More young and other traits help mammals adapt to urban environments Species of mammals that live in urban environments produce more young compared to other mammals. But next to this common 'winning trait', mammals deal with different strategies to successfully inhabit cities. This is what Radboud University ecologist Luca Santini and colleagues found in a study that they will publish in Ecology Letters on 21 December. 'This is the first step of many to understand

Science | The Guardian

Cross Section: Dame Jane Francis – Science Weekly podcast Prof Dame Jane Francis knows Antarctica better than most: she’s spent the majority of her career researching this icy landscape. Ian Sample talks to her about what it’s like to camp in Antarctica and what her findings can tell us about our future on this planet Prof Jane Francis was made a dame in 2017 for services to diplomacy and polar science. As you might expect, Francis has spent much of her

Ingeniøren

Aalborg-forskere får supercomputer til at beregne kunstig intelligens Aalborg Universitets nye it-infrastrukturprojekt Claaudia omfatter både en supercomputer, et nyt cloud storage-system og hjælp til at håndtere forskningsdata.

Ingeniøren

Leder: Tid til et opgør med de giftige fluorstoffer [no content]

Viden

Ny forskning: Fiskere trawler mere i beskyttede end i ubeskyttede havområder Der fiskes mere intensivt i de beskyttede områder end udenfor. Til stor skade for især truede arter. Områderne beskyttes kun på papiret, siger organisation.

The Guardian's Science Weekly

Cross Section: Dame Jane Francis – Science Weekly podcast Prof Dame Jane Francis knows Antarctica better than most: she’s spent the majority of her career researching this icy landscape. Ian Sample talks to her about what it’s like to camp in Antarctica and what her findings can tell us about our future on this planet

EurekAlert! – Breaking News

College binge drinkers are posting while drunk, 'addicted' to social media College students who binge drink are frequently posting on social media while intoxicated and show signs of social media "addiction," according to a new study.

Ingeniøren

Vind med Ingeniørens julekalender: 21. december Vær med i Ingeniørens julekalender 2018. Hver dag med nye præmier!

Ingeniøren

Tesla-bil, rumturisme og månelandinger: Rumfart lever i en brydningstid PLUS. 2018 blev et voldsomt aktivt år for rumfarten, og rumturister skal til at finde rumdragten frem i en tid, hvor Kina, private firmaer og minisatellitter fylder stadigt mere.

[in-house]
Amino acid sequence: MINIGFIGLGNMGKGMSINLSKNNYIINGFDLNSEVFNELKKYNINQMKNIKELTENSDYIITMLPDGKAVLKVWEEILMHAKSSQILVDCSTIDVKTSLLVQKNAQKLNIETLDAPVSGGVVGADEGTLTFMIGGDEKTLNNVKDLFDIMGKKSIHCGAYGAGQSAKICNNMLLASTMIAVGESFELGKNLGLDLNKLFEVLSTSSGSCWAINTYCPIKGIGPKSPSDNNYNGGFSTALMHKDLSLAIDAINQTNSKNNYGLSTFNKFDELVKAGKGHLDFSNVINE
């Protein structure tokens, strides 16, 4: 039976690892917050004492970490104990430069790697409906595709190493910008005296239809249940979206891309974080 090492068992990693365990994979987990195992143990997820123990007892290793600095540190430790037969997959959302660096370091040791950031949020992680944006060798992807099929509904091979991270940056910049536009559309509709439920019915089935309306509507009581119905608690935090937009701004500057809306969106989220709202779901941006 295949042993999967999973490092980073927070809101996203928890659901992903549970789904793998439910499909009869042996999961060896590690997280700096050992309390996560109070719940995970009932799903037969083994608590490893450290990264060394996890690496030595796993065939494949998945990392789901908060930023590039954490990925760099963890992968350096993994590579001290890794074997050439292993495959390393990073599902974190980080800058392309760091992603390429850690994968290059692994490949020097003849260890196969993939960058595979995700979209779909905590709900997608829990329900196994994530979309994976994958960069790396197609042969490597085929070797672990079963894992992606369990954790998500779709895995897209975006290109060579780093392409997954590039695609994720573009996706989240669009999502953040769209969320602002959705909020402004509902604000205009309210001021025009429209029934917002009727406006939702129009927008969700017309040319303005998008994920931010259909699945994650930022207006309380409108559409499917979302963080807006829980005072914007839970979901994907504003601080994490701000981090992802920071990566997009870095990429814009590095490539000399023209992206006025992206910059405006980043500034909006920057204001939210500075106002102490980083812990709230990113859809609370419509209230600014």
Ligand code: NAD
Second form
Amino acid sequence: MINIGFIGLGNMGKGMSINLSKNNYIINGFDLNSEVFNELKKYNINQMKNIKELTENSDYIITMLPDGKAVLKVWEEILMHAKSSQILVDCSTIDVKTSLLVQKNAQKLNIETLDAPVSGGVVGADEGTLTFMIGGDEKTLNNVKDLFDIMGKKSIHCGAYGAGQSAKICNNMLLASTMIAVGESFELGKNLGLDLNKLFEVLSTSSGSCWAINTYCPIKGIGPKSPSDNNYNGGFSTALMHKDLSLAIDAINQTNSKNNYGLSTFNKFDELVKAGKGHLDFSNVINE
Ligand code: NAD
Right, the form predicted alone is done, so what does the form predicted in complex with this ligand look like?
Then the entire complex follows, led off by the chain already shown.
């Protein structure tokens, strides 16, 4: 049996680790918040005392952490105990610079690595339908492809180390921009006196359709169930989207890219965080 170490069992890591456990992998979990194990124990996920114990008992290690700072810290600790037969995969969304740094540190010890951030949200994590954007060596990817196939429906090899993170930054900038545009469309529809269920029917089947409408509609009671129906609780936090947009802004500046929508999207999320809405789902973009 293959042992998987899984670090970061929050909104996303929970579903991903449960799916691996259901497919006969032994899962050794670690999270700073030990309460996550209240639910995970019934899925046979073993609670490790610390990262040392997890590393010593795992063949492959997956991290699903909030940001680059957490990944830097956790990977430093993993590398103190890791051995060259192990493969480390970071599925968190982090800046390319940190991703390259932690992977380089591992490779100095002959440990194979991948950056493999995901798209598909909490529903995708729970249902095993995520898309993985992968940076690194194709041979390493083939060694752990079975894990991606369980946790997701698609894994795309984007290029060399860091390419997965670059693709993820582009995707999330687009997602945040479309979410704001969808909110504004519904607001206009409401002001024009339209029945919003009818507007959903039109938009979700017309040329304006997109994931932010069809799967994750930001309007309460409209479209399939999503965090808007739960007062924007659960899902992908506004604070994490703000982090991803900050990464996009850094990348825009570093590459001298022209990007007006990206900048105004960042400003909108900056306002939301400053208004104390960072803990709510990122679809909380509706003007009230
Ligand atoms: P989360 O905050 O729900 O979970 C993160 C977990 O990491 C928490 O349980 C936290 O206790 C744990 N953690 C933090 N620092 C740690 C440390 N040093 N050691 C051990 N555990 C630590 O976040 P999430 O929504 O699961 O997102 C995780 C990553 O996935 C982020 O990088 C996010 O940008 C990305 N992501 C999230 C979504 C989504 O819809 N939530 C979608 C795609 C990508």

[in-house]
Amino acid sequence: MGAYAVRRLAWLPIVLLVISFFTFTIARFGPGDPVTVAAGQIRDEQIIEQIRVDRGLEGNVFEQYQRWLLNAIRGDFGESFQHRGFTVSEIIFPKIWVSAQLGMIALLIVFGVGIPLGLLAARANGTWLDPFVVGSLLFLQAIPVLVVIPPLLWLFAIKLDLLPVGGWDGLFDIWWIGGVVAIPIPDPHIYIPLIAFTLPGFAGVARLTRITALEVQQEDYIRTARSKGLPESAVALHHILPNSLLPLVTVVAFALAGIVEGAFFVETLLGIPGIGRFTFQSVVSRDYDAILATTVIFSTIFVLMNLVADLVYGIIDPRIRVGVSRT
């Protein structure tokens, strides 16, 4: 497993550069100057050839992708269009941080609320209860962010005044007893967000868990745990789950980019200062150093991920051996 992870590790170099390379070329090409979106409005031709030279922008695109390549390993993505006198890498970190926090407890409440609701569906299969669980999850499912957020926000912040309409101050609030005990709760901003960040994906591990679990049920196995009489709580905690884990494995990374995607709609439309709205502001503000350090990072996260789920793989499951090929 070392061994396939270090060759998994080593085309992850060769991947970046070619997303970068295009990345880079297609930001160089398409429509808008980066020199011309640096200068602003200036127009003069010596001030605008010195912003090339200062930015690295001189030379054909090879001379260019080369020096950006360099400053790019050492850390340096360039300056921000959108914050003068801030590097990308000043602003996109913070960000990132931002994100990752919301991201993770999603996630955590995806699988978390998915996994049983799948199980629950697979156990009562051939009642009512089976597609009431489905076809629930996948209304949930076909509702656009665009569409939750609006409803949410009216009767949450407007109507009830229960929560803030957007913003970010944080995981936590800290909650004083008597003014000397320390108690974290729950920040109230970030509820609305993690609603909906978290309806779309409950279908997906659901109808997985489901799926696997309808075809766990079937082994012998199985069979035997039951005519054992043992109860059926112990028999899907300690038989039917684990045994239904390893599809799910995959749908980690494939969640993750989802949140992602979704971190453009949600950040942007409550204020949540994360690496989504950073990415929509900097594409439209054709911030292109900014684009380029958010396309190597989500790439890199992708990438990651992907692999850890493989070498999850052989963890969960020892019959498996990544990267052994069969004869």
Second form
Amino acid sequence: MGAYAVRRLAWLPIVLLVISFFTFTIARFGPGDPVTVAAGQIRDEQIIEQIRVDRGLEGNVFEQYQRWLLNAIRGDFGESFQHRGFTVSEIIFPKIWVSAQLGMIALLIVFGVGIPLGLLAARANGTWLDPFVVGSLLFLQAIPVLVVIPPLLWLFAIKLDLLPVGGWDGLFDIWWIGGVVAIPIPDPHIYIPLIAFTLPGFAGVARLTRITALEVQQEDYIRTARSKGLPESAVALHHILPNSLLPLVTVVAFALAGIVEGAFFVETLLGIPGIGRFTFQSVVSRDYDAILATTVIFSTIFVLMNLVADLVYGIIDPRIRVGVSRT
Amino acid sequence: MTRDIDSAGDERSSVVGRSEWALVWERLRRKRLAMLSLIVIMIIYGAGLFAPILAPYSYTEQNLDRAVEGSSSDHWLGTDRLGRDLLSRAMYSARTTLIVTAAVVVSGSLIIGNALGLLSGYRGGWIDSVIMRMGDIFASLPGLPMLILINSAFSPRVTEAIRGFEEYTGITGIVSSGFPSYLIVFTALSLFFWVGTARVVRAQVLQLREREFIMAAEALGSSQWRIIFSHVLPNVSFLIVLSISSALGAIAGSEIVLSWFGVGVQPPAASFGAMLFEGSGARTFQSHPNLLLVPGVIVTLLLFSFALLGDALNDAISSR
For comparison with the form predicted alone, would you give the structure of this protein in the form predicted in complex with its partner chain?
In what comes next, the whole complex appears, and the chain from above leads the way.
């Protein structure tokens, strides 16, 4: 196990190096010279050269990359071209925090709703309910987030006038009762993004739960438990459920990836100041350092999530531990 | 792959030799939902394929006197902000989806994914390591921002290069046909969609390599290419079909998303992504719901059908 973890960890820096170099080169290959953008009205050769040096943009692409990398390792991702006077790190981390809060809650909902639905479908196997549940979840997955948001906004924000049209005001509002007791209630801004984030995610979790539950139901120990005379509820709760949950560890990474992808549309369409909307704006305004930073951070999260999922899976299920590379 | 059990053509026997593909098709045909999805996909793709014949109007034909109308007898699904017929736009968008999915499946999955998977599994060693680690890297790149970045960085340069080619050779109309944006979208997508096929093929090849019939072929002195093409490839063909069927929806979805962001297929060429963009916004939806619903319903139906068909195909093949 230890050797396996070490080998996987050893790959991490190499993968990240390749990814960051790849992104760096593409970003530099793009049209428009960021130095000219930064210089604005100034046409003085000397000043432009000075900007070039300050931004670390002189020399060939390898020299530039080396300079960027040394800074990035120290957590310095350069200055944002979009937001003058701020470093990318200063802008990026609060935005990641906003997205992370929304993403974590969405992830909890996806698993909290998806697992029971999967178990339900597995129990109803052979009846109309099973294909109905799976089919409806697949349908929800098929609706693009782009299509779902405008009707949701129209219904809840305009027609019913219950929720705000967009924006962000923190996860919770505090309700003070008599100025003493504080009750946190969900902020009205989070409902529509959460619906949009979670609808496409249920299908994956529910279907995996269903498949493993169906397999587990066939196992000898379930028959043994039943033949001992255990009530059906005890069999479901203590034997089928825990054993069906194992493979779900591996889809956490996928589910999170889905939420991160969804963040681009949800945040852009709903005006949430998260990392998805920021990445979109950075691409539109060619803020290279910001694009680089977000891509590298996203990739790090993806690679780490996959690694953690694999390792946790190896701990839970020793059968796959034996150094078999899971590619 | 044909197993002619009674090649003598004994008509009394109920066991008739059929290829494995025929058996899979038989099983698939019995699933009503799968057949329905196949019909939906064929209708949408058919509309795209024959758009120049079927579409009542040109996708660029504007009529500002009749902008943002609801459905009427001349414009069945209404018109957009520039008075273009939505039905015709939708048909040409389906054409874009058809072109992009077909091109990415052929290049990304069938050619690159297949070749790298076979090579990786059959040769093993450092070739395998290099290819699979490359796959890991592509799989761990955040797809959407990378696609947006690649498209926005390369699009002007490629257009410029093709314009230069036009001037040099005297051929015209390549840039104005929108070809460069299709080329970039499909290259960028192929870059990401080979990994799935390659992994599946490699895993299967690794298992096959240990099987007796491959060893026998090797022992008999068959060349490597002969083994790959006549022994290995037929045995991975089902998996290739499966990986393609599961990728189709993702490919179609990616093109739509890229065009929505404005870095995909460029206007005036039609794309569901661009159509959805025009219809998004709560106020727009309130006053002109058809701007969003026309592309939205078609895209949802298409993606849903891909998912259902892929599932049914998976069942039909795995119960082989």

Ingeniøren

Bliver 2019 året, hvor byggeriet begynder at tage bæredygtighed seriøst? Den største klimapåvirkning fra nyt byggeri skyldes produktion af byggematerialer, selve byggefasen og nedrivningen. De danske politikere vil imidlertid ikke stille krav om at minimere påvirkningen – men flere private bygherrer vil ikke længere acceptere den blinde plet.

EurekAlert! – Breaking News

Researchers detect age-related differences in DNA from blood The DNA markers from the blood of healthy centenarians are more similar to those of people in their 20s than people in their 70s.

Ingeniøren

Tænkeboksen: Frøen har 10.946 muligheder Her kommer årets sidste løsning – på Tænkeboksen fra uge 49.

The Atlantic

The Atlantic Daily: A Lifetime of Questions What We’re Following Exits: Secretary of Defense James Mattis is resigning, after conflicts with President Donald Trump over the current direction of the administration’s foreign policy. His resignation letter— which you can read in full here —addresses the problem head-on: “I believe we must be resolute and unambiguous in our approach to those countries whose strategic interests are increasingly

EurekAlert! – Breaking News

Responsible innovation key to smart farming Responsible innovation that considers the wider impacts on society is key to smart farming, according to academics at the University of East Anglia (UEA). In a new journal article Dr David Rose and Dr Jason Chilvers, from UEA's School of Environmental Sciences, argue that the concept of responsible innovation should underpin the so-called fourth agricultural revolution, ensuring that innovations a

EurekAlert! – Breaking News

NHS trusts struggling to produce Brexit plans amid continuing uncertainty NHS trusts are struggling to produce contingency plans for Brexit because of the continuing uncertainty about the UK's future relationship with the European Union, reveals an investigation published by The BMJ today.

Phys.org

Responsible innovation key to smart farming Responsible innovation that considers the wider impacts on society is key to smart farming, according to academics at the University of East Anglia (UEA).

EurekAlert! – Breaking News

Bidi smoking costs India annual INR 805.5 billion in ill health and early death Bidi smoking cost India 805.5 billion rupees in ill health and early deaths in 2017 alone, finds research published in the journal Tobacco Control.